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Wounds in Wood

nail wound in ash table

Pictured here is a piece of walnut-dyed ash from a round coffee table, and if you look close at the darkest part of the marking, you’ll see the glint of a nail head. It was hammered into the tree however many years ago, creating a wound. The insects and bugs suddenly gained access to the soft meaty pulp, and started to work their way into the sap wood. The tree, in defense, put up a kind of shield around the wound. You can see in the markings a black dome built up around the nail, and the effects of that ripple outward, marking the board, making it beautiful, making it distinct.

bullet wound in walnut boardA few years ago Dan was working with some exceptional walnut. These boards were unusually wide and he had three slabs. On the outer backside of the top slab, he noticed a scar on the edge. When he was cutting through the last board, his ban-saw suddenly made a horrible noise and sparks flew out from the blade. He had to slowly back the board out, the blade instantly wrecked (as it was with the nail), and from the board dropped a single round musket ball. The bullet must have been fired somewhere around a 100 years ago, entered the tree, and never came out. It left in the wood rich, smoky markings you could follow through all three boards, pictured here in on the left side of this walnut trunk.markings in maple caused by wounds

The different color variations in wood also come from different obstacles the tree had to overcome. In sugar maple, there is a certain fungal growth that colors the wood in a ghostly, bluish way with beautiful results when finished. A certain kind of beetle makes its hole in a tree, and the way the maple heals from it creates an elongated, greenish triangular scar that’s also very pretty. Another fungus that gets into maple leaves behind a blood red stain that runs into the tree and turns to a soft rose hue before it disappears.

There is a stretch of road in Pennsylvania where all along the road’s edge, a line of 50 to 80 year old oak trees grow. Every single one of them tilts forward, bowing, in effect, to the road, before rising straight up like a healthy tree. When they were young saplings, the road crew came through, loosened the soil where they grew, and all the trunks tipped sideways. After years of adjusting, the trees all righted themselves, and managed to grow straight after all.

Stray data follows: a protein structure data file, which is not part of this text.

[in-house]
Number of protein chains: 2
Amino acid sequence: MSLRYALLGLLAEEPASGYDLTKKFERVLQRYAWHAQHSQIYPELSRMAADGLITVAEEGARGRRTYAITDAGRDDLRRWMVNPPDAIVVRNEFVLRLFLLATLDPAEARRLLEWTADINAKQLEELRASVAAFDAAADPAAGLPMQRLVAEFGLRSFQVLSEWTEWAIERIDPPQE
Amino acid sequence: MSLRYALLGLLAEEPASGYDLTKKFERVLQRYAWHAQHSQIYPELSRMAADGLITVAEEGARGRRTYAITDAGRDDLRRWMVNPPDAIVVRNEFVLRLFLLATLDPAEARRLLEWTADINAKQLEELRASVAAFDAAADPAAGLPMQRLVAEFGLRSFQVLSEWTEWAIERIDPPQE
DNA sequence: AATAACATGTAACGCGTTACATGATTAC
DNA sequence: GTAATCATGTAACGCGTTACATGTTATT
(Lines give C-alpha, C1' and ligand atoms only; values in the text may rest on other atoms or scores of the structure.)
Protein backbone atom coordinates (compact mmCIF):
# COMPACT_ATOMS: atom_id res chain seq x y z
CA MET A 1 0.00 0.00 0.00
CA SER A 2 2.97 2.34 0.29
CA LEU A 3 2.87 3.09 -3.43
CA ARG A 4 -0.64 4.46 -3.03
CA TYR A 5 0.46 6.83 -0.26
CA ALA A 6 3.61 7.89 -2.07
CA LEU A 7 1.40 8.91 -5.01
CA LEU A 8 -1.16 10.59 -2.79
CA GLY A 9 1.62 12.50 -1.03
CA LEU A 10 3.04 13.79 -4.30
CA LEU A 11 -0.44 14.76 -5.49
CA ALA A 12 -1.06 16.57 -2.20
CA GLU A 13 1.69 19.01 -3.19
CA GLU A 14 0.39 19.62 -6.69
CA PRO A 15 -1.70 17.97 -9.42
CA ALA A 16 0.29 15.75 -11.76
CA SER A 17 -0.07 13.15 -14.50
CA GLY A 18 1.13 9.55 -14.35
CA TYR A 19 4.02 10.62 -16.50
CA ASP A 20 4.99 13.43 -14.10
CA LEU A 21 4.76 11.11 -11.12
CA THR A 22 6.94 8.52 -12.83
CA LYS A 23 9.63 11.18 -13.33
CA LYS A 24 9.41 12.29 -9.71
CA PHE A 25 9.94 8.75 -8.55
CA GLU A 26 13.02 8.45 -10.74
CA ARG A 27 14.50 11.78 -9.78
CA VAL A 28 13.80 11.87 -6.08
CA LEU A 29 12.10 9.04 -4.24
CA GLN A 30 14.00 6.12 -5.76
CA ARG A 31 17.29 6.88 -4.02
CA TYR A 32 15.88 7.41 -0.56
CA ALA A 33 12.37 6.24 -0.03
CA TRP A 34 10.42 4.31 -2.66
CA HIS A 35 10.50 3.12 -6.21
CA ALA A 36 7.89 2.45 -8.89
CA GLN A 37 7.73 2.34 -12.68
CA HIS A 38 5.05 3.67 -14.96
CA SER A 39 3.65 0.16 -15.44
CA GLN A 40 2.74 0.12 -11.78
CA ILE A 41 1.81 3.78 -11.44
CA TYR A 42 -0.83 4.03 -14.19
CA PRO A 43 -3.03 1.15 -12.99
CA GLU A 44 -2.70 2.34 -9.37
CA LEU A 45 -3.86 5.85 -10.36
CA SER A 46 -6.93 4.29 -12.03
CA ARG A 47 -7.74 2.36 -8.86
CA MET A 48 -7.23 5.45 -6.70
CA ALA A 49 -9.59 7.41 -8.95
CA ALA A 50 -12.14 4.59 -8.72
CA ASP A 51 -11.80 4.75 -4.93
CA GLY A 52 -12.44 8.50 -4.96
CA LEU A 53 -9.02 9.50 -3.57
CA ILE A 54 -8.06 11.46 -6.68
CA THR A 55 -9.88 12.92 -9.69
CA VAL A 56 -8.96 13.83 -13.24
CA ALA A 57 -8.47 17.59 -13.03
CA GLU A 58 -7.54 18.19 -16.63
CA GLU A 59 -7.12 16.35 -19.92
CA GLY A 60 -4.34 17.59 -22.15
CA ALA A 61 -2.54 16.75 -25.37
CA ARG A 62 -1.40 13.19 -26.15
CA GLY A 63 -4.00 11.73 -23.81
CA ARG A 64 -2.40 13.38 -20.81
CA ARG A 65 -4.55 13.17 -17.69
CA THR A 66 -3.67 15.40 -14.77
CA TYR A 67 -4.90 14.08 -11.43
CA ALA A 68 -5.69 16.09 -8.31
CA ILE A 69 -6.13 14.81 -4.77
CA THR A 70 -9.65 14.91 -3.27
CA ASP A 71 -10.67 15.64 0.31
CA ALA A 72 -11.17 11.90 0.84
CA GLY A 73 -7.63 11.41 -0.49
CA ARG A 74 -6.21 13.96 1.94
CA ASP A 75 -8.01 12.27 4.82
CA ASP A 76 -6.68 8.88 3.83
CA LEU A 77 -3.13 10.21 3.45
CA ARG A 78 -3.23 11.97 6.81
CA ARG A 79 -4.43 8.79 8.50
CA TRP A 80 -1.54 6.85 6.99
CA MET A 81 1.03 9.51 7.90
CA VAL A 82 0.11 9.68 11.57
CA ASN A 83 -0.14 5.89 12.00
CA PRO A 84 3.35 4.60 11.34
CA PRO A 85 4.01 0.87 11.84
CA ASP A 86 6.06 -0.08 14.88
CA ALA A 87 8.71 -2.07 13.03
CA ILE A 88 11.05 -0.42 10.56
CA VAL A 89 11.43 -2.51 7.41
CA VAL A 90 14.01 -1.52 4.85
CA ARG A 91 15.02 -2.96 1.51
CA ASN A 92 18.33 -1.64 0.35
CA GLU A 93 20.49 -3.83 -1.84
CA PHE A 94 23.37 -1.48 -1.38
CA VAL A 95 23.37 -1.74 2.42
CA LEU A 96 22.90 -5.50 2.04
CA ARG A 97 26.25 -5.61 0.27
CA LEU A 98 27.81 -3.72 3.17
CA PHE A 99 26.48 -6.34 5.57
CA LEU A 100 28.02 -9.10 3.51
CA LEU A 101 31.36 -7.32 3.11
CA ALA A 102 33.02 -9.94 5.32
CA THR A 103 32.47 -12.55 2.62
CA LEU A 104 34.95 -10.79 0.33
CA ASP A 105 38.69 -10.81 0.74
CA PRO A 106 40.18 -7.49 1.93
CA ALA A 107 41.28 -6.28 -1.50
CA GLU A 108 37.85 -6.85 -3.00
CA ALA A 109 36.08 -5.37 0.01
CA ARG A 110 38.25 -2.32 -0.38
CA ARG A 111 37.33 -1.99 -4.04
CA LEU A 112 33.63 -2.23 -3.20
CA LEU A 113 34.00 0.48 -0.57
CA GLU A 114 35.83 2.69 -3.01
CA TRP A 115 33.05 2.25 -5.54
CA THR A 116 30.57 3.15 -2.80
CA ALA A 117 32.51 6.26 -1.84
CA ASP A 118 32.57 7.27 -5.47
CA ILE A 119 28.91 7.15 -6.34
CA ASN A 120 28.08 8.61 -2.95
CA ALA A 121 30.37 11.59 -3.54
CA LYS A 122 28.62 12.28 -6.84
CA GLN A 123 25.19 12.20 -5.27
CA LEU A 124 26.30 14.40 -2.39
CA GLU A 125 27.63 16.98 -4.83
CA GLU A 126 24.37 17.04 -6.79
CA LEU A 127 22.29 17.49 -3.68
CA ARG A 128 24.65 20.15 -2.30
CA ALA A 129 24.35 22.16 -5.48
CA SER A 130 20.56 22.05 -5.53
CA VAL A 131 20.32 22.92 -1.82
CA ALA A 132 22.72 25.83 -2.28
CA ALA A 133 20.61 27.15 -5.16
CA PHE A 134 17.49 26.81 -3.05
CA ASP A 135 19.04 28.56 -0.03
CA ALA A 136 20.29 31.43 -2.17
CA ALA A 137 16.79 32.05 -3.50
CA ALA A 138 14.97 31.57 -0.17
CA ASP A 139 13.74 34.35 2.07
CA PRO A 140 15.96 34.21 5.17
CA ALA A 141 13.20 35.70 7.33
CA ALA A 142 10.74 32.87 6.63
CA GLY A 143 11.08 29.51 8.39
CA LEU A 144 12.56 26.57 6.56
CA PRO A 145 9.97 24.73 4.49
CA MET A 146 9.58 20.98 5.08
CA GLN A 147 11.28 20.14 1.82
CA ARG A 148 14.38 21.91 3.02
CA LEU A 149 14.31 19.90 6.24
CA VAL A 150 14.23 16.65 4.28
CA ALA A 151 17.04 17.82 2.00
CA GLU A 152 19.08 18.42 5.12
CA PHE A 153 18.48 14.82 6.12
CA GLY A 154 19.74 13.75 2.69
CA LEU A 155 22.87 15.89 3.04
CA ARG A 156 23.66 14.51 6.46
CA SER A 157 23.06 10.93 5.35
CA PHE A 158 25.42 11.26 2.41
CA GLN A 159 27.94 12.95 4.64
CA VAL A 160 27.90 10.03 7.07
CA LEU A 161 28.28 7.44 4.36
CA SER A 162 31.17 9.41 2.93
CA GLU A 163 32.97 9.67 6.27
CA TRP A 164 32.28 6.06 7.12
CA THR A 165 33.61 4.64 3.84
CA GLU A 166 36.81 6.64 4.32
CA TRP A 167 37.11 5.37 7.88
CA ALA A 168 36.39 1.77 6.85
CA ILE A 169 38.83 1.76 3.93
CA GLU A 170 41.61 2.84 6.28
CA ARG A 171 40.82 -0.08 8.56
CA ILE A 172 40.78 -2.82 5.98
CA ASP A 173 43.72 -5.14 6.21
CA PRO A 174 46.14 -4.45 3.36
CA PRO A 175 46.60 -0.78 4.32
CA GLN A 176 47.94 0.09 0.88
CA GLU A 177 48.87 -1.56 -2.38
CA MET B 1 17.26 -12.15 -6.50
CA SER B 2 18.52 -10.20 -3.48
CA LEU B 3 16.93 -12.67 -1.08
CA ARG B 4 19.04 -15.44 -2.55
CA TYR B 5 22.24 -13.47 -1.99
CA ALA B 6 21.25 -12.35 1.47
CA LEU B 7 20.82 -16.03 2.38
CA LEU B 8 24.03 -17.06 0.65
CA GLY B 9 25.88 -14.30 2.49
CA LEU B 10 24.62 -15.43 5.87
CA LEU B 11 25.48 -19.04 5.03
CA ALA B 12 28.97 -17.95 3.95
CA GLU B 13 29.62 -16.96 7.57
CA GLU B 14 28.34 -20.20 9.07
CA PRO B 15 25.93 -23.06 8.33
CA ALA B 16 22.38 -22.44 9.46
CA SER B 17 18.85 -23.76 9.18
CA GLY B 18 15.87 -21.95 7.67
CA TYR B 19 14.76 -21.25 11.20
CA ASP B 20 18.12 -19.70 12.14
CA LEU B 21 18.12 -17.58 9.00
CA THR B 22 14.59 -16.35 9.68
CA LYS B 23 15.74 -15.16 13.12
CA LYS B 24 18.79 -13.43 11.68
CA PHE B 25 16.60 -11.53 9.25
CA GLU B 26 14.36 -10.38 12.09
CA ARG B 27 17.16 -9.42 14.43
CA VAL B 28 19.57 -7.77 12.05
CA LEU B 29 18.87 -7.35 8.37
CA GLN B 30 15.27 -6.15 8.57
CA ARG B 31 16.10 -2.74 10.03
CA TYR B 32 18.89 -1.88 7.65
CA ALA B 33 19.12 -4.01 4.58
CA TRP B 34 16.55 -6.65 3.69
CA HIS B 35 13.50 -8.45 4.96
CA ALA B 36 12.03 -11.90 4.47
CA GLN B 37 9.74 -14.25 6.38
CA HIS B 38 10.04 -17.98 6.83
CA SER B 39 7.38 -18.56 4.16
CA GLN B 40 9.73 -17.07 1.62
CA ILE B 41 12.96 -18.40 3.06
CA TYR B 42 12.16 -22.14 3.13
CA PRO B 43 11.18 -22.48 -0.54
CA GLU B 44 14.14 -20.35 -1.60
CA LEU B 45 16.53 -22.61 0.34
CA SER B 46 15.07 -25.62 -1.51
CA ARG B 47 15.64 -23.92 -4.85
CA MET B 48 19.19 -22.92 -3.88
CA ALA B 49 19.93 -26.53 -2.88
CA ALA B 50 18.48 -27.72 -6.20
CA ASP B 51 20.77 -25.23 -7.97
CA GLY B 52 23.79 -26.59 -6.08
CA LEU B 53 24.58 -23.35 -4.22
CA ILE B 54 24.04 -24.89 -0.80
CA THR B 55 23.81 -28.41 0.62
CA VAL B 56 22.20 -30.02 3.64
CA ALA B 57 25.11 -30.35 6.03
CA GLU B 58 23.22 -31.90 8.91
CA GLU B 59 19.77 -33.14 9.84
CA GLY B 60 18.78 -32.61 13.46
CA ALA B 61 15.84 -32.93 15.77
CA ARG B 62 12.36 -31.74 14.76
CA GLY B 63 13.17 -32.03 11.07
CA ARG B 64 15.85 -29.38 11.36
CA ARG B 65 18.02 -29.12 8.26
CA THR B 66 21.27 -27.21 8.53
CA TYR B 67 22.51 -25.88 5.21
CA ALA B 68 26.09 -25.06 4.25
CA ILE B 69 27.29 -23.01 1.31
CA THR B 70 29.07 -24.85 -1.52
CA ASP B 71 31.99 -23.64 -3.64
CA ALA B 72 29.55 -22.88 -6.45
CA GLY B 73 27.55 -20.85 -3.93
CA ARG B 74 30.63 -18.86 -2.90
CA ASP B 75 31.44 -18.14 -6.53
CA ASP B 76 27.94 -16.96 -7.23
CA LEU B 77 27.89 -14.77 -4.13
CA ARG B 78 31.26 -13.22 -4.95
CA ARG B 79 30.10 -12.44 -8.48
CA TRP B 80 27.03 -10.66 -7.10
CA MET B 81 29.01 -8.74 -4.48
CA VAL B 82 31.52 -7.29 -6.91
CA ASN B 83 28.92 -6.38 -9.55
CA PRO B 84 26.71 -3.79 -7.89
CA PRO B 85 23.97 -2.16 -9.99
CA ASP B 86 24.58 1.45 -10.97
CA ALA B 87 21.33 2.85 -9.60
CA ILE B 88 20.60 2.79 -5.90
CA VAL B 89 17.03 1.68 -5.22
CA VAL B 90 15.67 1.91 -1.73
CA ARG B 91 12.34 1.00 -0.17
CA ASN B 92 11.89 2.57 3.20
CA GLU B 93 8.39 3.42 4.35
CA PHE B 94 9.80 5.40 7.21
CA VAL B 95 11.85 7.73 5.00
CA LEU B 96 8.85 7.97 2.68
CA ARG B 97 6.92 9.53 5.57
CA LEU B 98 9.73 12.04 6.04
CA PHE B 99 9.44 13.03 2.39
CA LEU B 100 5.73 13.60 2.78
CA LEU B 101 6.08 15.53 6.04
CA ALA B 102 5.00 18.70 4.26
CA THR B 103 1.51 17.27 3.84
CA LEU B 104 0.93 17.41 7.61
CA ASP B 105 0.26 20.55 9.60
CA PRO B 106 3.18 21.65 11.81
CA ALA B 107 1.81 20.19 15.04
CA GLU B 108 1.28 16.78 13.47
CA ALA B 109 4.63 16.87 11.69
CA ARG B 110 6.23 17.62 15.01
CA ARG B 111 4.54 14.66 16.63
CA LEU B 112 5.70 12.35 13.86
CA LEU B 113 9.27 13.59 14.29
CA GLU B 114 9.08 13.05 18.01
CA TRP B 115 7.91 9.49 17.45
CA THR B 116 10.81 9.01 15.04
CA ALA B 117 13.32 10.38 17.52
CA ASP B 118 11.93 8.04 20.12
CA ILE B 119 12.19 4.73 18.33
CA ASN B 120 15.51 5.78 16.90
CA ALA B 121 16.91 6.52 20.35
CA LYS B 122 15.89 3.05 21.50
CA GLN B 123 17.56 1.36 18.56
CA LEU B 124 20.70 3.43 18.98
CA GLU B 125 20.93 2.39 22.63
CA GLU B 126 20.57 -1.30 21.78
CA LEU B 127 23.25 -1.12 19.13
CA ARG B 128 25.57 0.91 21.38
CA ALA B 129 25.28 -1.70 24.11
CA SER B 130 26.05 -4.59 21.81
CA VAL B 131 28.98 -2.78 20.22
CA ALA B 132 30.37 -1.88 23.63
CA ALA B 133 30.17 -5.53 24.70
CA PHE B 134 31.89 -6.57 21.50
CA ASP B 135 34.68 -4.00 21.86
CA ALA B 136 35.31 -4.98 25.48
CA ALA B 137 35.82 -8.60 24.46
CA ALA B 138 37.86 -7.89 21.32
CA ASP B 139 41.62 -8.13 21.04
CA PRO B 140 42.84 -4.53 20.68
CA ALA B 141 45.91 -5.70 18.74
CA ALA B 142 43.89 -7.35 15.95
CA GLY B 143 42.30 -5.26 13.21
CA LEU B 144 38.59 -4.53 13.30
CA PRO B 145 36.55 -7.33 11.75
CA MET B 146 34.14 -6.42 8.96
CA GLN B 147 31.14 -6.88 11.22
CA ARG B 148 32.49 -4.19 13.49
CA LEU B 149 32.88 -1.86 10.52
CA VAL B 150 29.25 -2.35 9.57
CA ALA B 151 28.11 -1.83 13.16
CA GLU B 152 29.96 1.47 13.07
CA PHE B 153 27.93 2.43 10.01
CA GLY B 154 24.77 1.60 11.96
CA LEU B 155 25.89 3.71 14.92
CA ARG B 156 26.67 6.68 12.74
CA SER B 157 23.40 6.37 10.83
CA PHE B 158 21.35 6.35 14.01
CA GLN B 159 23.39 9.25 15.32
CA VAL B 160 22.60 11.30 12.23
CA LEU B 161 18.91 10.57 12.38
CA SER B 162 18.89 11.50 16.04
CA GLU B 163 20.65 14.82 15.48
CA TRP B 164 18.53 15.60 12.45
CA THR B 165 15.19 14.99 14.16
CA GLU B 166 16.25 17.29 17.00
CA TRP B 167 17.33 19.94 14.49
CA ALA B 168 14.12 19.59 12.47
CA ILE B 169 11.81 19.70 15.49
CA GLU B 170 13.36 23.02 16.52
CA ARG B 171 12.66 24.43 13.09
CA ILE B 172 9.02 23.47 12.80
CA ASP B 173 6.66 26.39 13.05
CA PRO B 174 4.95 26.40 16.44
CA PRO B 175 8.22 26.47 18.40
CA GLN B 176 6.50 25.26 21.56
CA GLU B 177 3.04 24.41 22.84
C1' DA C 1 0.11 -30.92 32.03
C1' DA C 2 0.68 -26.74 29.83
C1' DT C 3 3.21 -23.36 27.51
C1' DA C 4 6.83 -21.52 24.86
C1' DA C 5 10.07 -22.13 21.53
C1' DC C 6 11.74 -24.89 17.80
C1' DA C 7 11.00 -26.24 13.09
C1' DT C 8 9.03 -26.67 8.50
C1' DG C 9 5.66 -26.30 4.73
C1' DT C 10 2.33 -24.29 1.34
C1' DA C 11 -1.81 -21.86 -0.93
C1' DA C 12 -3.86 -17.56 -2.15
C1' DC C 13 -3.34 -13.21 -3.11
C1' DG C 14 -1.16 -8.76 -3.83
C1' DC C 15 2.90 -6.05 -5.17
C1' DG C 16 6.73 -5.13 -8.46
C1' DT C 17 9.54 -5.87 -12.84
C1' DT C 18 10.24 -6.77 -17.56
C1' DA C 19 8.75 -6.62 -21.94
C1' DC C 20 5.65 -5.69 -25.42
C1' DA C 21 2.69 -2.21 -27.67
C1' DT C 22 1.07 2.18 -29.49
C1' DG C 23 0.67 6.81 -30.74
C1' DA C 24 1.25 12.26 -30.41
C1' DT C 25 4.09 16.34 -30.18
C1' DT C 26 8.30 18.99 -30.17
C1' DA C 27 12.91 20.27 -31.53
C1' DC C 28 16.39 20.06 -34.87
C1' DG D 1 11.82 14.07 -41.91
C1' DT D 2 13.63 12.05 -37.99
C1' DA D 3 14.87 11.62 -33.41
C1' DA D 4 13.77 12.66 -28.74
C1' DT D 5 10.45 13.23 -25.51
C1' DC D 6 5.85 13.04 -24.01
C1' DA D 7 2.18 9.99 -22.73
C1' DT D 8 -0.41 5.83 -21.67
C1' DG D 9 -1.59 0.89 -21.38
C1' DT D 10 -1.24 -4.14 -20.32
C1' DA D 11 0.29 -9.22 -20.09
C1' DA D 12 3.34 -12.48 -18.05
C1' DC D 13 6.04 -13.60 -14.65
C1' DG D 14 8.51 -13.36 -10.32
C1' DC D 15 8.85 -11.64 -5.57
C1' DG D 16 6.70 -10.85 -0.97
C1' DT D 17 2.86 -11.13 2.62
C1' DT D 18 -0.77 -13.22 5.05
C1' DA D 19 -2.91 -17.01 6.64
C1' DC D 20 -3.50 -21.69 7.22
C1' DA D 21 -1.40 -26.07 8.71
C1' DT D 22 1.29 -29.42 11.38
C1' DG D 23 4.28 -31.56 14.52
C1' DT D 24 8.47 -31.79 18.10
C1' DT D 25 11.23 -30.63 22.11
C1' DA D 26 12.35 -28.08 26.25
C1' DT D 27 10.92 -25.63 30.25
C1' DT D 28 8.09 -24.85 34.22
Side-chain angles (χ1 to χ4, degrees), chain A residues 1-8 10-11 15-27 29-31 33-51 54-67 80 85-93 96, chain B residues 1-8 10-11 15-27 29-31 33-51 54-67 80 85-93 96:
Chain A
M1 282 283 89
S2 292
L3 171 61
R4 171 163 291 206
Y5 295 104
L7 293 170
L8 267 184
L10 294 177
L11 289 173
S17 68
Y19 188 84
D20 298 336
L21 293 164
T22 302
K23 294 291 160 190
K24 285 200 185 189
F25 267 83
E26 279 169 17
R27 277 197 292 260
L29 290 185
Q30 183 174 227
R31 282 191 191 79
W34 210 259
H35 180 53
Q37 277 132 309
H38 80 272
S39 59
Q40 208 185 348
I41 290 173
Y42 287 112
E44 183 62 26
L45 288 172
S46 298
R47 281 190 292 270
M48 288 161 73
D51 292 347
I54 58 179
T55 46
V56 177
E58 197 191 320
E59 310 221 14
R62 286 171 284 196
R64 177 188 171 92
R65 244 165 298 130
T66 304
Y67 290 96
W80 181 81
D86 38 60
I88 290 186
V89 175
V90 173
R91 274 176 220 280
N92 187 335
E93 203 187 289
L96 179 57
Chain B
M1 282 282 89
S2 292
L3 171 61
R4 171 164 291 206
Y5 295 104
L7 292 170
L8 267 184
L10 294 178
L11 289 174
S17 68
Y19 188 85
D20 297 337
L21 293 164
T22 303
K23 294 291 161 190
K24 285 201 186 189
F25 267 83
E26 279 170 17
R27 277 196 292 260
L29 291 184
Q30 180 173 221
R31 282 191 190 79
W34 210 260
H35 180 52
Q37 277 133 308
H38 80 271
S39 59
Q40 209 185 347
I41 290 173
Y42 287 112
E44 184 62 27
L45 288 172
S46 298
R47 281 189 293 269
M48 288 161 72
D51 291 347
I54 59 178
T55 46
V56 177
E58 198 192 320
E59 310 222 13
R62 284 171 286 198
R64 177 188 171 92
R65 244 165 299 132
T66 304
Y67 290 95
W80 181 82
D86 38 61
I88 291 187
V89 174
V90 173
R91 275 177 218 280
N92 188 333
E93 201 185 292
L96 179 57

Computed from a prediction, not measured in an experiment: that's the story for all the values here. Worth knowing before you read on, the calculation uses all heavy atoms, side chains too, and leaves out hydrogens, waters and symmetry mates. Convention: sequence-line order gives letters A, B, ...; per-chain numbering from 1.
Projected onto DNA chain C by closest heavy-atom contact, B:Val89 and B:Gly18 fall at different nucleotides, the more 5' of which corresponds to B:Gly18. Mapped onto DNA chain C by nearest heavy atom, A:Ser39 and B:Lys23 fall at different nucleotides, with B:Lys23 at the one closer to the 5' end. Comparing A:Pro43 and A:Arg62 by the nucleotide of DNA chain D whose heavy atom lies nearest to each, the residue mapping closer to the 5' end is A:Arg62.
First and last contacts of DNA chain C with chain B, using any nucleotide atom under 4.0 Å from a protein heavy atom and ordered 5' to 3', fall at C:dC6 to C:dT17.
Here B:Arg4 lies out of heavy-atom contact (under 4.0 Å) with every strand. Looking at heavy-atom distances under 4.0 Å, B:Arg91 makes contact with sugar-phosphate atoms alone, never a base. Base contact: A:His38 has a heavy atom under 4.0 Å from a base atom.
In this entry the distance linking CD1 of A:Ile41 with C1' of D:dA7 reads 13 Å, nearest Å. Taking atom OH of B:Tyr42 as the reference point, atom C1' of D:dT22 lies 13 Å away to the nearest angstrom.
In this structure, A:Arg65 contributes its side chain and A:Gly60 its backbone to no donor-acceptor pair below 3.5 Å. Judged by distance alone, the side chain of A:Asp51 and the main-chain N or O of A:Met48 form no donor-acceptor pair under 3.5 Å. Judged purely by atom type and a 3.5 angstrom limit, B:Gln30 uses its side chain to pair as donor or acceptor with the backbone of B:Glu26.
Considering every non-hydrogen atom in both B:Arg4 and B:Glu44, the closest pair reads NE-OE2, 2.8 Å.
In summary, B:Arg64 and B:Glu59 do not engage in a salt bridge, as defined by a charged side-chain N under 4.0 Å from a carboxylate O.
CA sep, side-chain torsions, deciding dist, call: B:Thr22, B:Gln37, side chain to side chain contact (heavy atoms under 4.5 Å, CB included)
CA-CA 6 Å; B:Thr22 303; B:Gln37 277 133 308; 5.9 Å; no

markings in a cherry boardPeople are drawn to the character markings in wood. What’s interesting is that these markings are, in effect, a tree’s attempt to heal itself. The structure of a tree – how it grows and responds to its environment – becomes a blueprint for what happened during each season of its life. From the wood grain we can tell whether or not there was rain, the minerals in the soil, and the fungal growth that attacked the organism. Trees are more than just a part of their environment; they are recordings of everything that happened around it, writ in the language of tree.

4 Responses so far.

  1. Sherri says:

    OMG. Aren’t we all like these trees…? These things that happen that wound us and we try so hard to heal…to straighten up again. No one really sees it, until the tree is dead. And finished. And maybe it’s only then that the wounds and the effort it took to heal them…the true beauty can be realized.
    This post made me cry…and hopeful. What an amazing metaphor you have discovered. An amazing truth.

    • dan.carol says:

      Sheri, you understand this beautifully. Thank you for reading. I think with people, the beauty of their character is evident in the way they live their life. You are living proof of this.

  2. Renee VanHorn says:

    I love that you know all this stuff – and how cool to find a musket ball ! The history out there is thrilling – who knows what went on in those woods so long ago ! You can almost see the soldiers marching through …..

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